Click here to download the full lesson with attached handouts. Domestic Terrorism
“In 1948 in South Carolina, the modern civil rights movement started with a simple request. The parents of some African American students in Clarendon County, South Carolina requested a bus to take their children to their all-black school. Some children had to walk 18 miles to and from school each day. Since the county’s  white children had  school buses for their use and its  black students had none, parents at Scott’s Branch School felt that the “separate-but equal” doctrine established by the Supreme Court in Plessy v. Ferguson required that the school district at least pay for the gas and repairs on the used bus that the families had bought for their children. Parents did not originally seek integration but instead some equality. The case was dismissed due to a technicality. With the assistance of local leaders and the National Association for the Advancement of Colored People,  parents brought suit against the school district in a new case, Briggs v. Elliot, for equal treatment under the law as required by the 14th amendment. In federal district court, the state’s counsel admitted that the separate schools for African Americans were unequal but claimed that the state had initiated a building program that would bring the African American schools up to par with the white schools. The court, therefore, ruled in favor of the school district. The NAACP then appealed the case to the United States Supreme Court, combining it with others like it from several states. . Briggs v. Elliot was the first of five cases that became part of the landmark Brown v. Board of Education of Topeka, Kansas decision that was decided in 1954. In Brown, the Supreme Court ruled that separate was inherently unequal. The court further ruled that African American students should be integrated into classrooms with white children with “all deliberate speed.”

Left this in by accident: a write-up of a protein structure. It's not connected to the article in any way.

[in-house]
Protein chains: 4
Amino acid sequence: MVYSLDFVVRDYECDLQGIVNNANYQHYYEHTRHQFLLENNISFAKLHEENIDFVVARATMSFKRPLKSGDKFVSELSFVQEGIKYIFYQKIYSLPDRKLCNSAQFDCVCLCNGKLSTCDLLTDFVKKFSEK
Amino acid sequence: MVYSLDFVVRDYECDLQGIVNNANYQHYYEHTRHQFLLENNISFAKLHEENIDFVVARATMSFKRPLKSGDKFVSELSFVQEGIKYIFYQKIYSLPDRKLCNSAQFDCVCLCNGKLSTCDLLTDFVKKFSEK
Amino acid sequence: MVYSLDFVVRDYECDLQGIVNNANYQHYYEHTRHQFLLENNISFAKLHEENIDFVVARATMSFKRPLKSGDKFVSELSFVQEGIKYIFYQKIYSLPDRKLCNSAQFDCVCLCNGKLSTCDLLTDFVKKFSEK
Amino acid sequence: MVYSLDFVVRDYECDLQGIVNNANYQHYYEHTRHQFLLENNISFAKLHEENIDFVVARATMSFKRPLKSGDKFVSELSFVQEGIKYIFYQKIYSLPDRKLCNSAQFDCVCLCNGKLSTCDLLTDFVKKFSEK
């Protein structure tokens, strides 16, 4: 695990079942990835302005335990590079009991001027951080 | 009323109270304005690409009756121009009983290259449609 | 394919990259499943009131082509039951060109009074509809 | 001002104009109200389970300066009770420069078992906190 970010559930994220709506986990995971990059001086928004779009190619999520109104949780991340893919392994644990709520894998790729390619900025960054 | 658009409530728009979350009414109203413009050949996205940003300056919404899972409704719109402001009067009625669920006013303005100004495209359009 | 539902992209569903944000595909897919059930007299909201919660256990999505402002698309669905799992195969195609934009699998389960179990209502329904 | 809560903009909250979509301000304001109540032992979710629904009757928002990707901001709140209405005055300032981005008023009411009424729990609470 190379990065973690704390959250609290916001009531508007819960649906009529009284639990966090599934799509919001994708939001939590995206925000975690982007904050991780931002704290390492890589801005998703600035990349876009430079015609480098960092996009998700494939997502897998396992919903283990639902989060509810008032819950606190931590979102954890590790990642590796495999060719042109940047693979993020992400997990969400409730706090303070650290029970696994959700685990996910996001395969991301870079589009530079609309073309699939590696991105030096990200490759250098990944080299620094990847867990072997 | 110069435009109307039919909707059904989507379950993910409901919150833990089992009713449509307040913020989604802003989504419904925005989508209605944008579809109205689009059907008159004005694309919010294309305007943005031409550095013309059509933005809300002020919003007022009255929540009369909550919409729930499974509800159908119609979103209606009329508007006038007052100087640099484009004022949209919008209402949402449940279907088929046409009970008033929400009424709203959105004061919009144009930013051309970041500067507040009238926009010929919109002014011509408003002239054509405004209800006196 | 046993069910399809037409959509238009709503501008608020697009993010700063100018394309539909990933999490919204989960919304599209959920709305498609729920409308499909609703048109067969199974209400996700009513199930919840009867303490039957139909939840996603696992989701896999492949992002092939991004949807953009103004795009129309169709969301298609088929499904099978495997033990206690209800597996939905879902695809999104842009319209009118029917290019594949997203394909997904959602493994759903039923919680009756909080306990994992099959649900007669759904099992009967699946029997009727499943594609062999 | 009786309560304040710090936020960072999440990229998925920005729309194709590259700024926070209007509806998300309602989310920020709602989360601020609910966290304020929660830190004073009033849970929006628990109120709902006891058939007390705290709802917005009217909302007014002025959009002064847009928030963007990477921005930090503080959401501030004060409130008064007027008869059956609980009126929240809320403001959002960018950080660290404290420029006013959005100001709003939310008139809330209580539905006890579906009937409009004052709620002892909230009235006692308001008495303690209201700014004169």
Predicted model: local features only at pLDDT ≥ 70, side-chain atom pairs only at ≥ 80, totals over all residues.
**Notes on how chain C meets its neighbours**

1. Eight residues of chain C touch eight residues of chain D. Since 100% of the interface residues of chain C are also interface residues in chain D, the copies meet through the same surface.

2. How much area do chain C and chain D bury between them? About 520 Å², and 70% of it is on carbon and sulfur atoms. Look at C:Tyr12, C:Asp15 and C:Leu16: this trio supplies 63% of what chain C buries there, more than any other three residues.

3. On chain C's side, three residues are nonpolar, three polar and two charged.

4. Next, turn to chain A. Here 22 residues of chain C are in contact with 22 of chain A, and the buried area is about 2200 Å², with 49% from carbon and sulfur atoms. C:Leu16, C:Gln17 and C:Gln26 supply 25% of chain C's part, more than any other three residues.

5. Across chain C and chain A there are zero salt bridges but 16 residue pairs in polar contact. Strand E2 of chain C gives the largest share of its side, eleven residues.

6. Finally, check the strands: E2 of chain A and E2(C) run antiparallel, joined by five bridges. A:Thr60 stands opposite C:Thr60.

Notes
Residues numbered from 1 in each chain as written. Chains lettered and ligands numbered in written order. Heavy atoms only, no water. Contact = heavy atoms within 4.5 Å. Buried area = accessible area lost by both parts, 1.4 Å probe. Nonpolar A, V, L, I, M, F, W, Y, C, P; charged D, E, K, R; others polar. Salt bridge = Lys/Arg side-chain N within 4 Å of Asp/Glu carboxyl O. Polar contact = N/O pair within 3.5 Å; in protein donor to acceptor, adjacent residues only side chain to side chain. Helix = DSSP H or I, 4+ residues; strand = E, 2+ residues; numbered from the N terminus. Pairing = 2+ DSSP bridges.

South Carolina Social Studies Support Document, Grade 8, 2008 http://ed.sc.gov/agency/Standards-and-Learning/Academic-Standards/old/cso/social_studies/social.html
South Carolina Standards
8-7.4 Explain the factors that influenced the economic opportunities of African American
South Carolinians during the latter twentieth century, including racial discrimination, the
Briggs v. Elliott case, the integration of public facilities and the civil rights movement, agricultural decline, and statewide educational improvement. (H, P, E)
5-5.3 Explain the advancement of the civil rights movement in the United States, including key events and people: desegregation of the armed forces, Brown v. Board of Education, Martin Luther King Jr., Rosa Parks, and Malcolm X. (P, G, H)
USHC-9.5 Explain the movements for racial and gender equity and civil liberties, including their initial strategies, landmark court cases and legislation, the roles of key civil rights advocates, and the influence of the civil rights movement on other groups seeking ethnic and gender equity. (H, P)
- Students will analyze a speech written by Rev. Joseph A. DeLaine, local Civil Rights Activist
- Students will analyze events surrounding the Briggs v. Elliot case
- Students will compare and contrasts ideas in the Civil Rights Movement with current events.
Time Required Recommended Grade Level